'RESPECT," said David Cameron to the UKIP leader Nigel Farage after the Conservatives received their biggest shock since 1997 in the English local elections on Thursday night.
The "fruitcakes and loonies", as the Prime Minister once described the United Kingdom Independence Party members, now have their hands on the windpipe of the Tory party. Cameron insists that he will listen in future to what they are saying. What does he mean?
Well, by common agreement, Middle England turned out to vote for UKIP last week, not only because of antagonism towards the European Union, but also because of fears of immigration being out of control, antipathy towards welfare "scroungers", discontent at government plans to introduce same-sex marriage and resentment at climate change and human rights policies "coming from Europe".
UKIP says it wants to "repatriate" English law from Brussels. It was, as many defeated Conservative candidates pointed out, a reaction against liberal "metropolitan" Conservatism by the ranks of traditional grassroots Tory voters.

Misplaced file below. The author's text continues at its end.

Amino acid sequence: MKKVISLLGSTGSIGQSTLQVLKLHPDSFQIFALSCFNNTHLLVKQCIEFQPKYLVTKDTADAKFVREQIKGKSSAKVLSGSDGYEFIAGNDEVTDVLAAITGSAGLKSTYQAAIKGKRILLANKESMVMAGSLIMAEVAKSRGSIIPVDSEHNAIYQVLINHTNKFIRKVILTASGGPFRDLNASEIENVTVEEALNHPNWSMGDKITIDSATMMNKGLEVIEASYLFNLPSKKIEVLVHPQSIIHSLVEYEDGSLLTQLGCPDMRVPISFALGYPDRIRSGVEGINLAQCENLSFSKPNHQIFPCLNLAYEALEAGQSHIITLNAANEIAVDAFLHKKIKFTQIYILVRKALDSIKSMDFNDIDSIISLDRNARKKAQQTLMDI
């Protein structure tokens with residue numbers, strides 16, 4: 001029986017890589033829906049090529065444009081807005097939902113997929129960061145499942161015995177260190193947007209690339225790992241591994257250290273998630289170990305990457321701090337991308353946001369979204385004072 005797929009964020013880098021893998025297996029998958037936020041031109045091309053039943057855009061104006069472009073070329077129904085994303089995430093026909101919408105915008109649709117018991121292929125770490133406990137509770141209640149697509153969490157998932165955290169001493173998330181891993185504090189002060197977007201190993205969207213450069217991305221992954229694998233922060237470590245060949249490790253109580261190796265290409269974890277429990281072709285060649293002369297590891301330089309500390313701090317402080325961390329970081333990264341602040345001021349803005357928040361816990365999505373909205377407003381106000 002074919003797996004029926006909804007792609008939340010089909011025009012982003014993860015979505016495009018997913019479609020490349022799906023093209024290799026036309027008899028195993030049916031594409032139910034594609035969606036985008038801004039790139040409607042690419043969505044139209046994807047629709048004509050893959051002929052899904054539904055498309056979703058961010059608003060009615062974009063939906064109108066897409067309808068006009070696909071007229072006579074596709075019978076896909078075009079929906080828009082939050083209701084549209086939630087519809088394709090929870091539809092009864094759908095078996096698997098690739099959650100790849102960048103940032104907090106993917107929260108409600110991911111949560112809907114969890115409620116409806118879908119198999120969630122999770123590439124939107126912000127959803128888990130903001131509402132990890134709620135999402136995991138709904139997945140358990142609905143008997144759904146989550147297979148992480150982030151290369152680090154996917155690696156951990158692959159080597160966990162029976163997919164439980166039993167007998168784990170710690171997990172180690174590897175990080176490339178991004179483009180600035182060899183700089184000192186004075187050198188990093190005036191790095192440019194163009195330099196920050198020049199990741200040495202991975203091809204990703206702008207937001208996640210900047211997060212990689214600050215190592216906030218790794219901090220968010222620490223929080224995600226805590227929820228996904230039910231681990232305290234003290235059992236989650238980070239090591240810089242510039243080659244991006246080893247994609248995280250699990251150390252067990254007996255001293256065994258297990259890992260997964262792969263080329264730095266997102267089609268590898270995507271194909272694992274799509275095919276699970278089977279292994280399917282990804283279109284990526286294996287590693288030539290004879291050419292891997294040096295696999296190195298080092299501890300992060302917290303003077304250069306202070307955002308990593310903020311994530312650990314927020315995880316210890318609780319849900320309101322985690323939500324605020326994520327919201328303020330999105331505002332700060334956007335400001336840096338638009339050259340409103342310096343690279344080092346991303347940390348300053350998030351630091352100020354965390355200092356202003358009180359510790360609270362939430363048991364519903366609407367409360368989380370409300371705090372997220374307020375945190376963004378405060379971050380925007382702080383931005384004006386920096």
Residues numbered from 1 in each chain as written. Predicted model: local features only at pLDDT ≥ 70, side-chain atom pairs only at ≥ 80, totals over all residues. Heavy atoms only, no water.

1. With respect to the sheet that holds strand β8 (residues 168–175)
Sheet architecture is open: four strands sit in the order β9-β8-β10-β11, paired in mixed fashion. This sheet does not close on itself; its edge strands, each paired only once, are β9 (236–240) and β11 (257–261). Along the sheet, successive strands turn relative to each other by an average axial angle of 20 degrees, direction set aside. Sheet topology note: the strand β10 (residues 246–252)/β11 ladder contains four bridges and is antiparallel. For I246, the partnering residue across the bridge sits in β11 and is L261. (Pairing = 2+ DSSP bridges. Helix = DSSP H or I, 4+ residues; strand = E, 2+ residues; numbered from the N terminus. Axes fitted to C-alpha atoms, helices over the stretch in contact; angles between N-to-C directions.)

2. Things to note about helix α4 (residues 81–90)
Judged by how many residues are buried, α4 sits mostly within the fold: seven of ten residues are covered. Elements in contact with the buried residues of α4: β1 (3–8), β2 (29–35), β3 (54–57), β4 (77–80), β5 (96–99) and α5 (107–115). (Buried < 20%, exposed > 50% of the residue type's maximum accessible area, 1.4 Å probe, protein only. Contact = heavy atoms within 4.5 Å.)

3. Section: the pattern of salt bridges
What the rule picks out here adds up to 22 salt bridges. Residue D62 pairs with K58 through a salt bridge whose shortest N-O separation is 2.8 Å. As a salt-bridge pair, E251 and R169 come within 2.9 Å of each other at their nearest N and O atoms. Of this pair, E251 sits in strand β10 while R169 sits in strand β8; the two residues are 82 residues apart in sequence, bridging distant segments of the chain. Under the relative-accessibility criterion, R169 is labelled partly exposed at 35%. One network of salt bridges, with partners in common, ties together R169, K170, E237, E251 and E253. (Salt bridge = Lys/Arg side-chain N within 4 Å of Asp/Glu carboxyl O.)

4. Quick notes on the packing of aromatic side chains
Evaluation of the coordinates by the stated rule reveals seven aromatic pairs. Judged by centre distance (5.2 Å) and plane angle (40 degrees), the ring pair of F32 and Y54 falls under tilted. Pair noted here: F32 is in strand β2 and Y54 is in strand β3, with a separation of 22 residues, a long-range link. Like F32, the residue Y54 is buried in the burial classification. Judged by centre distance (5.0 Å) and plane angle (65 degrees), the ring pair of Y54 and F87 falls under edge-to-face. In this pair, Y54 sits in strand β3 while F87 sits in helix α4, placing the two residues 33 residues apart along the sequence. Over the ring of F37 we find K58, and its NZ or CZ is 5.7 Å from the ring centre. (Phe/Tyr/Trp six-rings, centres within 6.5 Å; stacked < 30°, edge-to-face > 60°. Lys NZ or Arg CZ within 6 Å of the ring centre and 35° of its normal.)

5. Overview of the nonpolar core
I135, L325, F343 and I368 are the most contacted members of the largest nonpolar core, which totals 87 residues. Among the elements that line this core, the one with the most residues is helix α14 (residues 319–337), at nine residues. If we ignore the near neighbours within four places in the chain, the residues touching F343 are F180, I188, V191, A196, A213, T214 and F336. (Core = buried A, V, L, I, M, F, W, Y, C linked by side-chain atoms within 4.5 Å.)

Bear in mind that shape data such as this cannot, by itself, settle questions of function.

Farage was right to call it a sea change. John Curtice, the normally sober psephologist, described the UKIP result as "spectacular" and declared that the party is now well ahead of the Liberal Democrats and not far behind the Conservatives. Even Labour has been losing to UKIP in England, which suggests that we may soon see Ed Miliband agreeing in principle to a referendum on Europe – he already agrees with renegotiation of the terms of British membership.
The message is clear: the UK could be on its way out of Europe. At the very least, the terms of British membership of the EU are likely to alter significantly whatever party wins the next UK General Election. Labour cannot ignore this tide of anti-European sentiment south of the Border. Miliband will have to start talking Europe down.
But it is not just Europe that is at issue now. It is no accident that UKIP wiped out all the British National Party councillors when the results came in on Friday. UKIP is now the acceptable face of right-wing nationalism in England. It was winning around 25% of the vote in English seats last week, which makes it potentially the party that could decide the outcome of the next general election. Ken Clarke called them "clowns" only last week, but the last laugh has been on him.